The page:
‘FreeBYU’ pushes for policy change on leaving LDS church while attending BYU

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PROVO, Utah -- The majority of the students walking around campus at Brigham Young University are members of the the Church of Jesus Christ of Latter-day Saints, but there are some who belong to other religions, and even a few who are lying about theirs altogether.

“I really was afraid,” said Zach, who is a BYU student.

The college senior asked that FOX 13 News not reveal his identity, due to fear of expulsion from the school--which is a private university owned by the LDS Church.

A year ago, Zach converted from Mormonism to Islam, a desire that began during his mission in East Asia.

“That really was the closest to God I felt in my life,” Zach said. “I mean, that was the most spiritual experience I had.”

But the change of heart and religion is a violation of the school’s Honor Code, since Zach was LDS when he enrolled.

University policy states that “excommunication, disfellowshipment, or disaffiliation” from the church will result in a loss of good Honor Code standing within the school.

“Imagine being halfway through the semester, spending hours and hours in classes and being kicked out in the middle of the semester, you lose all your work,” Zach said.

The concerns prompted two BYU alumni to try to change the policy by creating the organization, FreeBYU.

“We think that BYU would be a much more effective advocate for religious freedom if it was allowing all of its students to enjoy that privilege,” said group co-founder, Ryan Bowcutt.

He and his partners sent a letter to LDS President Thomas Monson, who sits as chairman of the school’s board of trustees, asking that the code be changed.

“Even if that idea has some merit the policy can be improved; there is no reason it has to stay the same way,” said co-founder Caleb Chamberlain.

However, the school stood by its rules Thursday.

In a statement to FOX 13 News, BYU spokeswoman Carri Jenkins said: “Students who are not members of the Church of Jesus Christ of Latter-day Saints have not made promises and commitments that a member of the LDS church has. A member of the LDS church who decides to leave, distances themselves from those promises and commitments.”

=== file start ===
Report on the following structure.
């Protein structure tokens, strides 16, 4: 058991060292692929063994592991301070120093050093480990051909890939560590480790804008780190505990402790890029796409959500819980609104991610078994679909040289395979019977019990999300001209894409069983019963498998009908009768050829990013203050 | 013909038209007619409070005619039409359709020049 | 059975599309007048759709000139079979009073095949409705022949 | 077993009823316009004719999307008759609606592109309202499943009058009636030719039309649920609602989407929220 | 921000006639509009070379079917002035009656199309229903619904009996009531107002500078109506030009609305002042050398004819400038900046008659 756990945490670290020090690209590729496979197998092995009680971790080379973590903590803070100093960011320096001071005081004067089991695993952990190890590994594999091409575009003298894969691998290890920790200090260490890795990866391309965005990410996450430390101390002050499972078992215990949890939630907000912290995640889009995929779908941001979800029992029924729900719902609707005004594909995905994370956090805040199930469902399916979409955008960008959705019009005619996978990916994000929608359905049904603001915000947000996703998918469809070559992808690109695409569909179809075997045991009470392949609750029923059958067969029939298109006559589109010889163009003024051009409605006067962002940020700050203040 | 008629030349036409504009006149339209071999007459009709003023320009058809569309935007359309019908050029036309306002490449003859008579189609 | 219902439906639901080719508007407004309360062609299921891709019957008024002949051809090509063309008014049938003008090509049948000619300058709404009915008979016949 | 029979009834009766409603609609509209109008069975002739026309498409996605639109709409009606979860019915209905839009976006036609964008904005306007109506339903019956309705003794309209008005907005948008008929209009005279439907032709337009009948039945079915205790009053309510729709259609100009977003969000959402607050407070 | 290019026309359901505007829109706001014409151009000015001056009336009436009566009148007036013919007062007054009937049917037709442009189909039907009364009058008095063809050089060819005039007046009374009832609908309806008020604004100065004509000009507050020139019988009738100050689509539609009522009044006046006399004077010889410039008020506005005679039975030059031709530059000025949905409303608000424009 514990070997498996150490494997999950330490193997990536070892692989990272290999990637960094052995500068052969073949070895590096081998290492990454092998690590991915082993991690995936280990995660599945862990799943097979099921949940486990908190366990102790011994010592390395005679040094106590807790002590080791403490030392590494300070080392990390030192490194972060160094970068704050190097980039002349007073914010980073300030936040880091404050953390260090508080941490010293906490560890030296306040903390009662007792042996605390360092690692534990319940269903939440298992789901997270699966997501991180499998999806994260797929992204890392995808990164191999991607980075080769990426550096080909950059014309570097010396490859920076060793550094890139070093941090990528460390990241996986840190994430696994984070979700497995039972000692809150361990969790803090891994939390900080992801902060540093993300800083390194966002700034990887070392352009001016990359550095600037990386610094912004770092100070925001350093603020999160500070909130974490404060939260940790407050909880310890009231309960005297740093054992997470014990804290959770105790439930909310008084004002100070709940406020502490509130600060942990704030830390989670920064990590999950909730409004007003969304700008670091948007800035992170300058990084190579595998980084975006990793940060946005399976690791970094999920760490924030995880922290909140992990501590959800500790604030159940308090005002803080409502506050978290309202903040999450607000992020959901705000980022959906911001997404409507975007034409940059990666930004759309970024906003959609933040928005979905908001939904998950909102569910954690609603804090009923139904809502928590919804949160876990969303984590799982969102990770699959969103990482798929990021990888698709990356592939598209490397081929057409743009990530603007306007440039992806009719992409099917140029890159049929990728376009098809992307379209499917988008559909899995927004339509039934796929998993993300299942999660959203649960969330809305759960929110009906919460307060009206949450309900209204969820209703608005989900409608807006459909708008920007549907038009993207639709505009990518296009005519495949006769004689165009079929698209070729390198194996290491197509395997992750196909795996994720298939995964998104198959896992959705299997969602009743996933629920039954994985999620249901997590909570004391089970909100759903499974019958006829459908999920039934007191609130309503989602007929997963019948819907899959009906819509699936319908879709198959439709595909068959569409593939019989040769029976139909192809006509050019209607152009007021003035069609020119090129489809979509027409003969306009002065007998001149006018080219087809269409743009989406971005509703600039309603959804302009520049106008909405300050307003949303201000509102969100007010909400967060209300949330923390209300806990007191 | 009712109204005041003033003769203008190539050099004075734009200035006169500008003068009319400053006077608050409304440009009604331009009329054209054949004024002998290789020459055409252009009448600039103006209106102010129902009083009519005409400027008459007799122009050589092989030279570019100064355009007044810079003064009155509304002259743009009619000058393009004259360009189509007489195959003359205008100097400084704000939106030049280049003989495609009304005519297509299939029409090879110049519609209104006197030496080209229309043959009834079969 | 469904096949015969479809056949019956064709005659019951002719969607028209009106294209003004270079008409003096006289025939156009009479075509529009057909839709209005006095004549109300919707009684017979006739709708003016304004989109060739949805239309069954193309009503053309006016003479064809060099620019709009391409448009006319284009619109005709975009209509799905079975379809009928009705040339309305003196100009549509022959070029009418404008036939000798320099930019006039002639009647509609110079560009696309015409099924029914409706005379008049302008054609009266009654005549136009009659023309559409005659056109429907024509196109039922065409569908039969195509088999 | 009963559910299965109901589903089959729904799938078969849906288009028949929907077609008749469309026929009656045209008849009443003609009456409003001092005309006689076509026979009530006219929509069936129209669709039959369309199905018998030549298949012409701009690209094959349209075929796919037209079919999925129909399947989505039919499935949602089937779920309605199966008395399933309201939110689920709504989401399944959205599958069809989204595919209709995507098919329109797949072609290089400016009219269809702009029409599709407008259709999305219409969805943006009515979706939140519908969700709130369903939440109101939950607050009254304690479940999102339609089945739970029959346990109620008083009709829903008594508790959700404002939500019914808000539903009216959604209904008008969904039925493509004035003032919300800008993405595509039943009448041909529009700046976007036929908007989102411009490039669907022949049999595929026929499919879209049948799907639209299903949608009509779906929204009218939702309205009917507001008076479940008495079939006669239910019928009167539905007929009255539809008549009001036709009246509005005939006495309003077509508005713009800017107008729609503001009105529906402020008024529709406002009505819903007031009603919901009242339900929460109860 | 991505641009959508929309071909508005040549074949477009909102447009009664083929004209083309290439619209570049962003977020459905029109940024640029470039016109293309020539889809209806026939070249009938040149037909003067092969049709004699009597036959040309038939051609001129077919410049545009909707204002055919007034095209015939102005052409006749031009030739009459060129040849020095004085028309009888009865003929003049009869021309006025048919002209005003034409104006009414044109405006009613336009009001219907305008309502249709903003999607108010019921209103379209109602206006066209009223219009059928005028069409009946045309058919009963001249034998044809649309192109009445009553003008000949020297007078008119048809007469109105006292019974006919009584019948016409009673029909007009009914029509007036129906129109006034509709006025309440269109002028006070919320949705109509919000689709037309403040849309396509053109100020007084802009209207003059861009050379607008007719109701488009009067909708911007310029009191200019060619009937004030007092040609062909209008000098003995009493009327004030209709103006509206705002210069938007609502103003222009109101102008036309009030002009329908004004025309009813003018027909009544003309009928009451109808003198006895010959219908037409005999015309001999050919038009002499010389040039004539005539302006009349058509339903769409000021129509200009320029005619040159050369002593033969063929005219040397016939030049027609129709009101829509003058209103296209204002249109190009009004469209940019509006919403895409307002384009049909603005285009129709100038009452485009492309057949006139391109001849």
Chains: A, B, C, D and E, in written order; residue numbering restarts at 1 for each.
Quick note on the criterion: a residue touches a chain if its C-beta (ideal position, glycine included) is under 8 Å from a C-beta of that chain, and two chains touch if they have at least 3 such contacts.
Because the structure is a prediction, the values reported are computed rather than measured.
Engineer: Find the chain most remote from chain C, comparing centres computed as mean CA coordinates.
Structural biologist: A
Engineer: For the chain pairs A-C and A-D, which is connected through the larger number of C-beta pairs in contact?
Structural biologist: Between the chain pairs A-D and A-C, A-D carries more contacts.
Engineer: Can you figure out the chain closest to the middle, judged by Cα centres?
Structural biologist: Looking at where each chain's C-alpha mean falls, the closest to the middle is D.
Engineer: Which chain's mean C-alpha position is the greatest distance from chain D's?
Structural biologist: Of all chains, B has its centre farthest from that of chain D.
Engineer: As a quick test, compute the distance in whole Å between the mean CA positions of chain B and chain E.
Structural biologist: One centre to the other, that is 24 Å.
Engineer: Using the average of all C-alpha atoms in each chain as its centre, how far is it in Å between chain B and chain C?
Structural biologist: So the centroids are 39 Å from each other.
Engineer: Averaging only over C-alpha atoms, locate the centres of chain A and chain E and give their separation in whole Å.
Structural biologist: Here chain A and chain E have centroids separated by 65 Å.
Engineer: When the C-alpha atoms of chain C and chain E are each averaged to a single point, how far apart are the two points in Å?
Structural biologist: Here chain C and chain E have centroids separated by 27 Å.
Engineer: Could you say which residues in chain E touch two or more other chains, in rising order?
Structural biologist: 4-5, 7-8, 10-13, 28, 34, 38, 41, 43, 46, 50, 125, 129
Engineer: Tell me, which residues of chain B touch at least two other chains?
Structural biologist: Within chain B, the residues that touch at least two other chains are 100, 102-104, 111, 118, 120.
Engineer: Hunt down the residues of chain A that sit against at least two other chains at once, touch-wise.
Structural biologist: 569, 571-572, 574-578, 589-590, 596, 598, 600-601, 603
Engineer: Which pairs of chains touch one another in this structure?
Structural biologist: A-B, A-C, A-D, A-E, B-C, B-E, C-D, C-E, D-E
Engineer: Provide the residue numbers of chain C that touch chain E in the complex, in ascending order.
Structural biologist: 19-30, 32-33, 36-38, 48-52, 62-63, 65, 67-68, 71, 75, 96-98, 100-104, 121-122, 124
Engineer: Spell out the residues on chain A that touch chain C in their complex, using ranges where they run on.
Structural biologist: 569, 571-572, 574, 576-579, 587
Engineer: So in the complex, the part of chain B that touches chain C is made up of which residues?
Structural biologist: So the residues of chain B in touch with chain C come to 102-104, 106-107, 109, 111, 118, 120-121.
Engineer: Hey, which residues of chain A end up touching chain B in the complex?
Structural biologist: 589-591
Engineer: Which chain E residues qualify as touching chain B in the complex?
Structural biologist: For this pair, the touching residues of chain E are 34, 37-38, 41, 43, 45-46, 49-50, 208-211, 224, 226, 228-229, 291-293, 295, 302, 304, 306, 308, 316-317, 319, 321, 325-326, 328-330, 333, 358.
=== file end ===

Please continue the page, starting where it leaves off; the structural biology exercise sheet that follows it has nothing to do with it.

While the rule may not apply to the majority of students here, Zach feels it’s excluding a minority he belongs to.

“We’re living these double lives and it’s not an easy thing,” he said. “They would feel safe here. They would feel accepted here, not have to worry.”

FreeBYU plans to continue its efforts until there is a change.


  • bob

    Can I arbitrarily excuse myself from contracts too? I’d like to stop making my mortgage payment but still keep my house, please. Because I’m special like that.

    • Chris Hillman

      That is a spectacularly ignorant comparison. Allowing non-LDS students, but not formerly-LDS students is restricting religeous freedom. Why should being born in the church and leaving disqualify you from being able to attend? Because they decided to get baptized when they were 8?

    • JebusJuice

      Yes you can. If you find out your mortgage lender lied, cheated, and stole to get you to sign the contract, you can get out of it. Morally and legally. That’s exactly what is happening to the students. They are finding out the Church to whom they had made these promises is not what they were told. Phones

  • Common sense

    You DO NOT have to be LDS to attend BYU..Quit trying to cause trouble and quit pouting..Grow up.. Be an Islamist if that is where your heart is and OWN IT!

    • Chris Hillman

      I don’t think you understand the requirements for the ecclesiastical endorsement at BYU. If you leave the LDS church you get kicked out of school and can’t even transfer your credits to a new school.

  • Tom

    BYU is heavily subsidized by the LDS Church. When a non-member is admitted to BYU, their tuition is higher since they do not pay tithes to the church which supports BYU indirectly. I would tell Zach he needs to reapply as a non-member.

    • Jose Smith

      Tom – BYU does not admit former mormons, even at higher tuition. That’s the change FreeBYU is asking for: treat ex-mormons exactly like never-mormons. This isn’t about tuition, it’s about being expelled.

    • Allan

      You don’t get to reapply. You are kicked out, and records placed on hold meaning all your invested time is no longer accessible, or transferable to other Universities. They rob you of your life’s work. You lose it all.

      • Hal

        “Robbing” is a pretty strong word. “Robbing” means to take unlawfully. This is not robbing. This is about BYU following through with the terms of a contract which is very lawful.

  • Duff Olson

    Weren’t there previous provisions made for students of other religions as long as they committed to all BYU standards and bylaws, for example a catholic quarterback. Other than that, I think BYU needs to ensure the integrity of the school standards

    • bob

      BYU has never required that students be Mormons. The real issue is that Mormons get cheaper tuition because the school is subsidized by tithing money. He’s just concerned he won’t get the cheap tuition.